He looked up into the sunless sky and cursed the clouds for the darkness that shadowed his morning. He kicked an empty soda can down the street, hands in pockets and muttered nonsensical words under his breath.
Weeks of planning ruined by the weather. There was nothing he could do now, because the wheels were already in motion. His legs were eager to get there, but his guts danced with nervousness.
He looked into the sky again, whistling a jolly tune that he didn’t know the name of, smiled at the neighborhood kids and the clouds parted as he began to dance.
The butterflies flying out of his stomach like musical notes.
The blue sky dotted with fluffy white clouds like a painting worthy of a museum wall.
His frown nothing more than a wisp of stress long forgotten and as he arrived at the train station twenty minutes early for her arrival, he thanked Mother Nature for holding out a bit longer.
Till he mustered the courage to finally say hello to the girl that made his coffee every morning.
She smiled, dismissed his dollars and took his number.
He knew today was going to be a very good day.
Karen sat at her computer, watching the birds fly by her window. She had something to do, but no matter how hard she tried, the something wasn’t happening.
The something was due tomorrow at 9am. Too early for her but everyone else seemed to make it there on time.
Her retinas burned thinking of the bright sunshine of the early morning hours. Tired and groggy, she cursed the California sunshine and wanted nothing more than to live in a sleepy New England cabin.
She typed a few words knowing they made no sense, but as the afternoon turned to evening, she knew she’d have to turn in something or face flunking her senior year.
Her teacher’s nearly purple complexion yelling at her face, pieces of food flying out of her lips, sticking to her glasses. There was no way she could risk repeating it all over again.
Her words nothing more than nonsense connected by periods and commas. She was citing total bullshit. She started to describe the scene outside her window. The eerie silence, the one star that she could see that was obscured by her favorite creepy tree and the man clawing at her window.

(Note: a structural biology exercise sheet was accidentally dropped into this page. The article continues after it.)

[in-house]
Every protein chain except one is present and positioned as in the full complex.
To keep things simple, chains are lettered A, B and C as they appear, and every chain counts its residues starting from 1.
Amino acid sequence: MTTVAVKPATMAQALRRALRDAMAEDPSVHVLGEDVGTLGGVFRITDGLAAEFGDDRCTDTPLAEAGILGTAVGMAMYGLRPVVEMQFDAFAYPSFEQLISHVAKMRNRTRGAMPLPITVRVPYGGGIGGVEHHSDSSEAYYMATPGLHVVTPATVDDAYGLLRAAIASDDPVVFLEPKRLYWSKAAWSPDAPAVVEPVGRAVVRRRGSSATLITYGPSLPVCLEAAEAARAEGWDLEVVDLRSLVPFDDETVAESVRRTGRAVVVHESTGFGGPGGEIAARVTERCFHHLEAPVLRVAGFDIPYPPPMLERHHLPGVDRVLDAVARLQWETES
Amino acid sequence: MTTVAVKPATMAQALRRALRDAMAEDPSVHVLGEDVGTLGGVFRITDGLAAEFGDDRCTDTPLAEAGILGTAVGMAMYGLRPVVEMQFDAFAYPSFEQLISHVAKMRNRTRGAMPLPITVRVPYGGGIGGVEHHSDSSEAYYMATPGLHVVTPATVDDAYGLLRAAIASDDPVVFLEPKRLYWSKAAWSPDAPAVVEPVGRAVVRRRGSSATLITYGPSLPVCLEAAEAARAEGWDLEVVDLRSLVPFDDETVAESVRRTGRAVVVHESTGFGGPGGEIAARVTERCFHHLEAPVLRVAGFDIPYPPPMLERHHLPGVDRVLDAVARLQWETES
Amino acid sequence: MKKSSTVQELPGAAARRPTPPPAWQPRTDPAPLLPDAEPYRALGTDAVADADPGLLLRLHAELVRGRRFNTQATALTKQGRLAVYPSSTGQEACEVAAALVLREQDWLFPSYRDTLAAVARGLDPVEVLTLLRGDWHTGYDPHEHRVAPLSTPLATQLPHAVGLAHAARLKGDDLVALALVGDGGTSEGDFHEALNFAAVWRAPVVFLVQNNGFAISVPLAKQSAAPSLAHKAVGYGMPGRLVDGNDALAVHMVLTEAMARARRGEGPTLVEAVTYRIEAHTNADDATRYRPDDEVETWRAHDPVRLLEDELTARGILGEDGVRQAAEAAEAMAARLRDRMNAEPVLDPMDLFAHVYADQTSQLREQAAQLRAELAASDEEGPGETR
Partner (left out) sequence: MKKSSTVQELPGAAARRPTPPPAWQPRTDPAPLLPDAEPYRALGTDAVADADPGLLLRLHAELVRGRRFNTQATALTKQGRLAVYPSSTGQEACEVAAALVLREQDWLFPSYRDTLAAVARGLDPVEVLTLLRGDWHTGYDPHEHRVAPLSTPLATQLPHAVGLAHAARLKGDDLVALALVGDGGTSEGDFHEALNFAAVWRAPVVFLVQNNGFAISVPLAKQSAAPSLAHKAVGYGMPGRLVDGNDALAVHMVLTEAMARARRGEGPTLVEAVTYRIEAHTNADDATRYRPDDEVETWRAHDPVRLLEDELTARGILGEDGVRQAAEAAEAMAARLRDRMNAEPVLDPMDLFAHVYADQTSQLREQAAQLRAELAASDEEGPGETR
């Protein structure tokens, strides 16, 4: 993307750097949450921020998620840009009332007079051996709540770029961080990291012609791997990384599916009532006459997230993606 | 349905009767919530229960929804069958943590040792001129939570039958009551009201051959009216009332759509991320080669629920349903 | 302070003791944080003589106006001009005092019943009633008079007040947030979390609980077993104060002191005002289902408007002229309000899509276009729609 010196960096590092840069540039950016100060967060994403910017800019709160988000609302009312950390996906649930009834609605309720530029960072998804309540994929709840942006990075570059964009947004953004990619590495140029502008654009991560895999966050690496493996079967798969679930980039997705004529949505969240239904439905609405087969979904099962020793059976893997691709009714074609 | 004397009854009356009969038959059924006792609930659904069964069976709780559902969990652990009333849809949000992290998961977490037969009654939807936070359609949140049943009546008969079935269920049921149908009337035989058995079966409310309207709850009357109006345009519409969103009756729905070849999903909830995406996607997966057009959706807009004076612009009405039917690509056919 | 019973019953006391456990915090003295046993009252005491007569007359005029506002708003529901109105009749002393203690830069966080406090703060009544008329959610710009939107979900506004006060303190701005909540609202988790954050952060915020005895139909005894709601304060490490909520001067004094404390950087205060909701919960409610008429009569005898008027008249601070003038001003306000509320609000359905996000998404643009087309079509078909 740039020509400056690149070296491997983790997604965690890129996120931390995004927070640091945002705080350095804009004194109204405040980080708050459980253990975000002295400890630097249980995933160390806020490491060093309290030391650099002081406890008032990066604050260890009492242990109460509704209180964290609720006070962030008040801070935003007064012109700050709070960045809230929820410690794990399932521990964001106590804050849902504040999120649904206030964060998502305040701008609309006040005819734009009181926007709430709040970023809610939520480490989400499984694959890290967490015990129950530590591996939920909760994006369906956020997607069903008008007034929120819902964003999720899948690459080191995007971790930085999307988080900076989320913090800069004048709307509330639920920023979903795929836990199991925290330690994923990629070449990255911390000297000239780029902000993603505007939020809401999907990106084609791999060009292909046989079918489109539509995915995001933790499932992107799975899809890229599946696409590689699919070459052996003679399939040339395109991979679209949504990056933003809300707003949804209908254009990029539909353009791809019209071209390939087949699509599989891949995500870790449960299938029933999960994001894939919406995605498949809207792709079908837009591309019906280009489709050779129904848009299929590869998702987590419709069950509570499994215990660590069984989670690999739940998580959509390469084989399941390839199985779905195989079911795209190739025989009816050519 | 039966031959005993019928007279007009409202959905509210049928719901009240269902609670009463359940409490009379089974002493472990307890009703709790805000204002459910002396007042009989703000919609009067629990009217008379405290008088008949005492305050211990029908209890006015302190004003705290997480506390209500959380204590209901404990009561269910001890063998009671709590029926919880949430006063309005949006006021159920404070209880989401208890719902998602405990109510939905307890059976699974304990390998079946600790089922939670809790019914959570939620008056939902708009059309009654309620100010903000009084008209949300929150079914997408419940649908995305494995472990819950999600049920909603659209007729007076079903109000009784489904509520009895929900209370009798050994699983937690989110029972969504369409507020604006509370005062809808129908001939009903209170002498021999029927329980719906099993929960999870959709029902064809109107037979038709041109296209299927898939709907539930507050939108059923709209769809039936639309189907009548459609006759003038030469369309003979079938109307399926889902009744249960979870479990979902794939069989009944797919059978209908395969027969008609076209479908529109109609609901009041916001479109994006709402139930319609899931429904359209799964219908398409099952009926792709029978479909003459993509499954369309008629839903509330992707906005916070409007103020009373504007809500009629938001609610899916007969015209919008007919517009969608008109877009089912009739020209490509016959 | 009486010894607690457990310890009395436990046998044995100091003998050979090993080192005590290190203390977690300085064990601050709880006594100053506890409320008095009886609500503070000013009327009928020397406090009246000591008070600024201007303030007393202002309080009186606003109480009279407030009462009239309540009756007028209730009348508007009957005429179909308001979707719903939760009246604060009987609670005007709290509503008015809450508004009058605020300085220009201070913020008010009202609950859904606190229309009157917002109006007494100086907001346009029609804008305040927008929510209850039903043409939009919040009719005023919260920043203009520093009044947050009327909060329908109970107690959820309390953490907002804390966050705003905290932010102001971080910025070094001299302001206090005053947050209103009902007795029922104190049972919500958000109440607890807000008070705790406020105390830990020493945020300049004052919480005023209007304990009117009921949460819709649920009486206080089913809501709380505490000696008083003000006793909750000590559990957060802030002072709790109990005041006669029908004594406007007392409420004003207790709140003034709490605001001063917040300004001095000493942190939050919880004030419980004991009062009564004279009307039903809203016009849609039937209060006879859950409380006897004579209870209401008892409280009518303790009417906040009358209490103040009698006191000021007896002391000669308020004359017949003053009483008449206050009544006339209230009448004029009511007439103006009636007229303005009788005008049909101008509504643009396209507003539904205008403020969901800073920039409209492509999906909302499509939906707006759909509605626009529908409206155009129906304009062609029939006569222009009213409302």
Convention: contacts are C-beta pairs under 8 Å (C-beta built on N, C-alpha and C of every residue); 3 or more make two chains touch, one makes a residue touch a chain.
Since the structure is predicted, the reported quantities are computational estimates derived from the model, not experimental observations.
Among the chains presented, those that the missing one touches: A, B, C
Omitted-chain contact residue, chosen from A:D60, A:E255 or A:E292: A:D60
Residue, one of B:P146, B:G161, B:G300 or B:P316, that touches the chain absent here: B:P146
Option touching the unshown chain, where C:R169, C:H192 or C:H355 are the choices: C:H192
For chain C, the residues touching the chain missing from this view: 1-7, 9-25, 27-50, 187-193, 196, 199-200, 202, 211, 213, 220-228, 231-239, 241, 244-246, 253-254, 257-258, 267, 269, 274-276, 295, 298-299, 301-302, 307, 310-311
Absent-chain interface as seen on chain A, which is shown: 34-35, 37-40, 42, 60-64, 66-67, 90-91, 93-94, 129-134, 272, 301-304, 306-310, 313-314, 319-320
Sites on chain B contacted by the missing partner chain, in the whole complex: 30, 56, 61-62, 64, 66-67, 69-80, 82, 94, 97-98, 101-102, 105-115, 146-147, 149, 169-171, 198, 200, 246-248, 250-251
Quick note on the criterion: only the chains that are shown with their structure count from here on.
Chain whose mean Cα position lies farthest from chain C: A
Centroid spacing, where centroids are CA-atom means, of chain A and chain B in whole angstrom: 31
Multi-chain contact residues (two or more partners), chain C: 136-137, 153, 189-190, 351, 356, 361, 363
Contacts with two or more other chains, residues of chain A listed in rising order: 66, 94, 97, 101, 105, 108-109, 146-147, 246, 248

Her heart raced as his face appeared out of nowhere, withered and worn, he looked like her favorite dog-eared comic book. She kept typing and the more she did, the more he came alive. Watching her but nothing more.
She wanted to yell, but her mother would scold her for waking up the baby and her father would hit her for no other reason than she wasn’t his favorite.
He fogged up the window with his breath.
She wrote about his yellow teeth, long fingers and balding scalp.
She blinked but he was still there. She closed her eyes, wishing him away and just like that, she awoke in a puddle of drool with an empty white screen and no reason to even bother anymore.
So she walked to school forty-five minutes later with a typed version of last night.
Crossing her fingers that it would be enough to save her from him.
William and Samuel had been going out for three months, but Samuel always kept an eye out for someone new. It wasn’t that he didn’t like William, he had often said I love you without lying, but there were so many men and he always doubted his decisions.
William was always rolling his eyes and letting out exasperated sighs. “What are you doing, Sammy?”
“Please don’t call me that, okay?”
“Whatever,” William said, rolling his eyes again. “Are you checking that guy out? Aren’t I good enough for you?”
“Yes and yes.”
“Well, I’m not keen on sharing, so you’d better make up your mind.” William would say, sashaying away. Samuel rather enjoyed watching William slink away in his pink silk pajamas. He had bought them for his “girlfriend” on recommendation from the salesgirl at Macy’s. They were a perfect fit.
The thing about William is that he was imperfect. It wasn’t an ordinary human flaw, but many that kept piling up forcing Samuel to rent out several storage lockers.